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Stories by Pat Finn

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In Tijuana, Plastic Bag Ban Goes Big

Sept. 19
By Maureen Cavanaugh, Pat Finn

Tijuana has become the first Mexican city on border to ban plastic bags. The ban was inspired by the success of California's ban, but it goes much farther.

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Tariq Khamisa Foundation Supports Parole For Killer

Sept. 13
By Maureen Cavanaugh, Pat Finn

Tariq Khamisa, a San Diego college student, was killed by Tony Hicks, a 14-year old gang member, in 1995. Hicks' first parole hearing is scheduled for November. The Tariq Khamisa Foundation is supporting his release on parole.

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The Story Of The Brown Family Is The Story Of California

Sept. 12
By Pat Finn

In "The Browns of California," Miriam Pawel explores the family dynasty which produced two governors. During their terms in office, both father and son transformed the state and left an enduring legacy.

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Del Mar Gun Shows To Take Break In 2019 While Board Studies Options

Sept. 11
By Alison St John, Matt Hoffman, Pat Finn

The Del Mar Fairgrounds board of directors has voted to postpone gun shows after this year.

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NRC Visits San Onofre For Week-Long Inspection

Sept. 10
By Alison St John, Pat Finn

A team from the Nuclear Regulatory Commission arrives Monday to begin an inspection and evaluation of procedures at the San Onofre Nuclear Generating Station following a mishap on August 3 when a cask of spent nuclear fuel became hung up during transfer to dry storage. The cask could have dropped some 18 feet, but it did not.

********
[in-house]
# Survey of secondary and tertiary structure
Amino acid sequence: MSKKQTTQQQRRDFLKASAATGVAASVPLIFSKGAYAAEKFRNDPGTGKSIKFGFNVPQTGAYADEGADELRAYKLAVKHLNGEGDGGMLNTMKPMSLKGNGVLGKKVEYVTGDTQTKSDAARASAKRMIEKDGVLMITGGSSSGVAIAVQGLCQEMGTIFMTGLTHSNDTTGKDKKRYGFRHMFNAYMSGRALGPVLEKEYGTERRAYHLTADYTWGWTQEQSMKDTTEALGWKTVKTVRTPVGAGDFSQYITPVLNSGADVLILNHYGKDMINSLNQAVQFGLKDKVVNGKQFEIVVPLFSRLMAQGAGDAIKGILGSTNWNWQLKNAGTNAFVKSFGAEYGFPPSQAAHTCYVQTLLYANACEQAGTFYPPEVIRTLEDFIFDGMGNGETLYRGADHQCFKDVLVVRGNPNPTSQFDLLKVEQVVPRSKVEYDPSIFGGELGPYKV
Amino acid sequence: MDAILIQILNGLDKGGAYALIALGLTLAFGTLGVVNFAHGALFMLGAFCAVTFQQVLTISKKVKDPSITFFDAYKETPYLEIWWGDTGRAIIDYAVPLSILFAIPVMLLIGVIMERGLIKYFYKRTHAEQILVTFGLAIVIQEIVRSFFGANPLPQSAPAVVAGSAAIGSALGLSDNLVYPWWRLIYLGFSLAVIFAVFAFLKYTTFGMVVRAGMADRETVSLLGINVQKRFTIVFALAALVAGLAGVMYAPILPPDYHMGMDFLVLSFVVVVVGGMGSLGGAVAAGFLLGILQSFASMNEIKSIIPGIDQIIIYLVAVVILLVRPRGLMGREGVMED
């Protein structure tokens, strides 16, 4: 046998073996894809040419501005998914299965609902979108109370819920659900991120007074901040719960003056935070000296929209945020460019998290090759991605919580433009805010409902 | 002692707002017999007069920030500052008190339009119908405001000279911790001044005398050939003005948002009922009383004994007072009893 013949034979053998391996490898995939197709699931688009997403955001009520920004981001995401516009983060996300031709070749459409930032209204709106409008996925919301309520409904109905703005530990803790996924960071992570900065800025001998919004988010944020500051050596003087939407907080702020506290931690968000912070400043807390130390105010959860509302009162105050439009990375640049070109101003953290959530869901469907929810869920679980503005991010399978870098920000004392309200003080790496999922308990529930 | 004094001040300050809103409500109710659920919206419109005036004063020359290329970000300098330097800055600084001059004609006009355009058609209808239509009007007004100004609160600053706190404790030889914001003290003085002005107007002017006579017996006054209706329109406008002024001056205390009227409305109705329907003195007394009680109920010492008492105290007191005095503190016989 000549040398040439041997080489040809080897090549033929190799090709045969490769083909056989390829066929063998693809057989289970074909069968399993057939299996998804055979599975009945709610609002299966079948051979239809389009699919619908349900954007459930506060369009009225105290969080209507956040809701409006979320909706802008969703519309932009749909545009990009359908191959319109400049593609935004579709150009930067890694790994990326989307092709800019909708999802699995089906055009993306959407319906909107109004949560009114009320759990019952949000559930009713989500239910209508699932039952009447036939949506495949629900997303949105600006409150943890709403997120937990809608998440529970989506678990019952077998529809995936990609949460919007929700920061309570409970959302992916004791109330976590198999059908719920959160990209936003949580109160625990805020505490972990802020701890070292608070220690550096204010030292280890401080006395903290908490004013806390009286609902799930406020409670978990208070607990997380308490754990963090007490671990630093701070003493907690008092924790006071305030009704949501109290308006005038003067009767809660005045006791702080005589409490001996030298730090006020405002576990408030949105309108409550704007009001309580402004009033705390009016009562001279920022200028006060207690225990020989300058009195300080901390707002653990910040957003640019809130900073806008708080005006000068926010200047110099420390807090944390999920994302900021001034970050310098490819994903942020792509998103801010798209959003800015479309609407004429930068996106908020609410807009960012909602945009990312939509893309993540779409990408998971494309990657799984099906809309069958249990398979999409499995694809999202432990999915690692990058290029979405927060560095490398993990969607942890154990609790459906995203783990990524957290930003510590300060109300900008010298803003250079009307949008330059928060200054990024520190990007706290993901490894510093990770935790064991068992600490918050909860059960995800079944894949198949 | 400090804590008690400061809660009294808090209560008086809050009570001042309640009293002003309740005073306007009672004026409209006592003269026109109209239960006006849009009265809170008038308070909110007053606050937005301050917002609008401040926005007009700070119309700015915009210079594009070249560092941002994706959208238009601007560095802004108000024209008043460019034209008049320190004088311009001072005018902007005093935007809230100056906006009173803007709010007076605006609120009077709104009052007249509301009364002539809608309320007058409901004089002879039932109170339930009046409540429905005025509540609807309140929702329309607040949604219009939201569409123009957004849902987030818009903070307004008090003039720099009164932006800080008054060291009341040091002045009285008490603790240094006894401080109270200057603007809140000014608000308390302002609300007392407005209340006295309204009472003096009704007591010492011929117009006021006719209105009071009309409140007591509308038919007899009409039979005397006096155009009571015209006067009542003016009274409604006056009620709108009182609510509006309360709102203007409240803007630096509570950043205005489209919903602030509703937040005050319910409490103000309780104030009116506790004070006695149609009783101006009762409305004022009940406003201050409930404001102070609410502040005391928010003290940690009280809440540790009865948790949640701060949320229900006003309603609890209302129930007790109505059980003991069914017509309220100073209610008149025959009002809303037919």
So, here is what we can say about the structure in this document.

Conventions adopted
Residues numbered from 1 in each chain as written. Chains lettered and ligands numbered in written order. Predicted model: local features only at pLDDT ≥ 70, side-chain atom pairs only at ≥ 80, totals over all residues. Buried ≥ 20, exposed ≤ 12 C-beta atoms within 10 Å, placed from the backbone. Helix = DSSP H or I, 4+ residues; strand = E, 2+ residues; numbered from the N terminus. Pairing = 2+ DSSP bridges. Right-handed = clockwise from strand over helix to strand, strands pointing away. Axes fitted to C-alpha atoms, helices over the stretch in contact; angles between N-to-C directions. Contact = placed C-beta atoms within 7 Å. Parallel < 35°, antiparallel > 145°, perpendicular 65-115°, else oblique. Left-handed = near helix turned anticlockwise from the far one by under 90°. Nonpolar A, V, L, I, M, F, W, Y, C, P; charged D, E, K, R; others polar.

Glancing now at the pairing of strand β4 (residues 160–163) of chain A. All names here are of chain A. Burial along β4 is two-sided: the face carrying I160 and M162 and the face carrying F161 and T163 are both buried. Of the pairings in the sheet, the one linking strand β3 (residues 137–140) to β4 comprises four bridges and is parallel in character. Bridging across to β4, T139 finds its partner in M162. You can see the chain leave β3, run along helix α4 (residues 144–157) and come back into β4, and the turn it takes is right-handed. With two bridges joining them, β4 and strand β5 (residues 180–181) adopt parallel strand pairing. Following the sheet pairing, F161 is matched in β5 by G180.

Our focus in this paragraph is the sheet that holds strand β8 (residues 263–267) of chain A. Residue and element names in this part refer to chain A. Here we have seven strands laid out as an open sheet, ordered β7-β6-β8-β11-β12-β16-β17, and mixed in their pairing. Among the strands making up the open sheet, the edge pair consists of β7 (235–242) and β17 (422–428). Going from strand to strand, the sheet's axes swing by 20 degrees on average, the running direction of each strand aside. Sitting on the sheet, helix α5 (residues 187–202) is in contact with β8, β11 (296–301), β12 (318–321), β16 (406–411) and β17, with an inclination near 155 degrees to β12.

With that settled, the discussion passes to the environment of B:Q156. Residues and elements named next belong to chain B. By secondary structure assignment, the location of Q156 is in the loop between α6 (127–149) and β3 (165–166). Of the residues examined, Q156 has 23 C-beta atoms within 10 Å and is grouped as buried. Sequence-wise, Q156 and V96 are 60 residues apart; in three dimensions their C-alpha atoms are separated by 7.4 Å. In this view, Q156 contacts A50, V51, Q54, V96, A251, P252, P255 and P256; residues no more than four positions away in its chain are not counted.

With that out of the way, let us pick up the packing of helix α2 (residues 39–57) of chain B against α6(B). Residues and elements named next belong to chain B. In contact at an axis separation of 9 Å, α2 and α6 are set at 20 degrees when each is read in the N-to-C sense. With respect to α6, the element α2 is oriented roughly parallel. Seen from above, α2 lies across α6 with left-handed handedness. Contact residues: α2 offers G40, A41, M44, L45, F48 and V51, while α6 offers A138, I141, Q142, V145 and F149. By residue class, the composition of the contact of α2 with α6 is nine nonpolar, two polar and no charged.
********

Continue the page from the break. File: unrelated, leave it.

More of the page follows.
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Depression, Suicide Are Themes Of Uplifting Play

Aug. 30
By Maureen Cavanaugh, Pat Finn

A young boy keeps a list of all the things his mother has to live for. And then one day, he finds he needs his own list in "Every Brilliant Thing," presented by Cygnet Theatre.

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MLK III Marks Anniversary Of 'I Have A Dream' Speech At San Diego Border Park

Aug. 28
By Jade Hindmon, Pat Finn

Martin Luther King III honored the 55th anniversary of his father's "I Have A Dream" speech with his own speech at Border Field State Park Tuesday. The idea came from his 10-year-old daughter.

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Does Sex Harassment Training Work In Post-Filner Era?

Aug. 23
By Maureen Cavanaugh, Pat Finn